The timing of when your baby’s first tooth comes in can vary quite a bit. When your baby becomes a little fussy, drooling often and wanting to chew on things, your little one might be teething. But while those behaviors can be signs and symptoms of teething, they can very often occur without teething at around age 3 to 4 months.
Although the average age for getting their first baby tooth is 6 months, some infants don’t get their first tooth until they are 14 or 15 months old. Others can begin teething and get an early baby tooth at 3 months.
In fact, some babies can even be born with a tooth— a natal tooth—although these teeth often have to be removed.
The timing of teething runs in the family, so if you or your parents teethed earlier or later, your own baby is likely to follow suit.
Care for Baby’s Teeth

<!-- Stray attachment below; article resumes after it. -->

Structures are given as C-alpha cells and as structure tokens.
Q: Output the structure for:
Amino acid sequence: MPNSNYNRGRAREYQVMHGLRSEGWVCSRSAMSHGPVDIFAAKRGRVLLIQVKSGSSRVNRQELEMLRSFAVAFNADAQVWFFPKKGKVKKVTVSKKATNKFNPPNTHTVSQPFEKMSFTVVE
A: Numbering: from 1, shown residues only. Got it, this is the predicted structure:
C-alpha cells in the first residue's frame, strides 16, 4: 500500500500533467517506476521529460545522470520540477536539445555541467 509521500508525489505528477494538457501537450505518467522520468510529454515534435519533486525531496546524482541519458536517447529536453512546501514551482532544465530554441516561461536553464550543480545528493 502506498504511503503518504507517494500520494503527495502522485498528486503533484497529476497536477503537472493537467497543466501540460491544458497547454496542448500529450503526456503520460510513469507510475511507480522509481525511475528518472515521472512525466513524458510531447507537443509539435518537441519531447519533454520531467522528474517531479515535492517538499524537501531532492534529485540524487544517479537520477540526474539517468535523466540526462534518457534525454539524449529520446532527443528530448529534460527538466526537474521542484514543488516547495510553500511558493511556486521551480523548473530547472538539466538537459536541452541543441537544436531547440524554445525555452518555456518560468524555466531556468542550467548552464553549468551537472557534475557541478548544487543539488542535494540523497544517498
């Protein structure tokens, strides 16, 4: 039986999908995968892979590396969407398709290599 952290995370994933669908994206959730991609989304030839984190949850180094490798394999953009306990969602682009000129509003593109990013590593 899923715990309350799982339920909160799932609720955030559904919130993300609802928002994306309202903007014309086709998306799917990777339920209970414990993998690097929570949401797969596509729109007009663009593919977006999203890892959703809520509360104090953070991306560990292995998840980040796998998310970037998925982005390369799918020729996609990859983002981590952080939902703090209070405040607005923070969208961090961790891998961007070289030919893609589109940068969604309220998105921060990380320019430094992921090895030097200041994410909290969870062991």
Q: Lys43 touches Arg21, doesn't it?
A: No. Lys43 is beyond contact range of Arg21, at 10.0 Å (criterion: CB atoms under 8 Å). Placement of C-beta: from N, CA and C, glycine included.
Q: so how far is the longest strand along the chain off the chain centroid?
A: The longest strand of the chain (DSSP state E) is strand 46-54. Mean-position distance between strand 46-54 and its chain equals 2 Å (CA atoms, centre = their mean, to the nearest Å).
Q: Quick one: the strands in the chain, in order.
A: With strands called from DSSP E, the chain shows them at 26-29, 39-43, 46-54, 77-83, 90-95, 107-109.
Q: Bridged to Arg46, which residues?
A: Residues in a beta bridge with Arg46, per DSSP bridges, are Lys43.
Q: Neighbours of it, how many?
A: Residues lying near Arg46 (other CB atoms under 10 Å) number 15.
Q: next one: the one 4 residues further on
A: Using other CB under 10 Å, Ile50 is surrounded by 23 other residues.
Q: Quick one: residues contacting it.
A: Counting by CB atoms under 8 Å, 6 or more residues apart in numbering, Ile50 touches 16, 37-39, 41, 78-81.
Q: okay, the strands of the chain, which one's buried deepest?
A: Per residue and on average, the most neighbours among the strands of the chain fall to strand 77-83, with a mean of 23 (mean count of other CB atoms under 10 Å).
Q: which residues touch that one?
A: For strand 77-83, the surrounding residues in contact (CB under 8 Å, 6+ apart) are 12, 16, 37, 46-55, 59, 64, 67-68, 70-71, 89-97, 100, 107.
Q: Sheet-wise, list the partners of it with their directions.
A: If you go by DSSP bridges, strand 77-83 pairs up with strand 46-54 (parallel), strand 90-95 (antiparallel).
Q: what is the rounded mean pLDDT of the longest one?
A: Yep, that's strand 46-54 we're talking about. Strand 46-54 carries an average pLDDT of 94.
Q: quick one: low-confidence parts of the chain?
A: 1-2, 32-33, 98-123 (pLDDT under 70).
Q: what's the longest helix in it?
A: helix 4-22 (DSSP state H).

While you should be wiping your baby’s gums even before he gets his first tooth, you can start to brush his teeth with a smear of fluoride toothpaste as he gets them. The American Academy of Pediatric Dentistry recommends the first visit to a pediatric dentist within six months of getting the first tooth or by the time your baby is 12 months old.
Proper oral hygiene translates to reduced risk for cavities, infection, or other oral health problems that make the normal challenges of teething progress that much more painfully.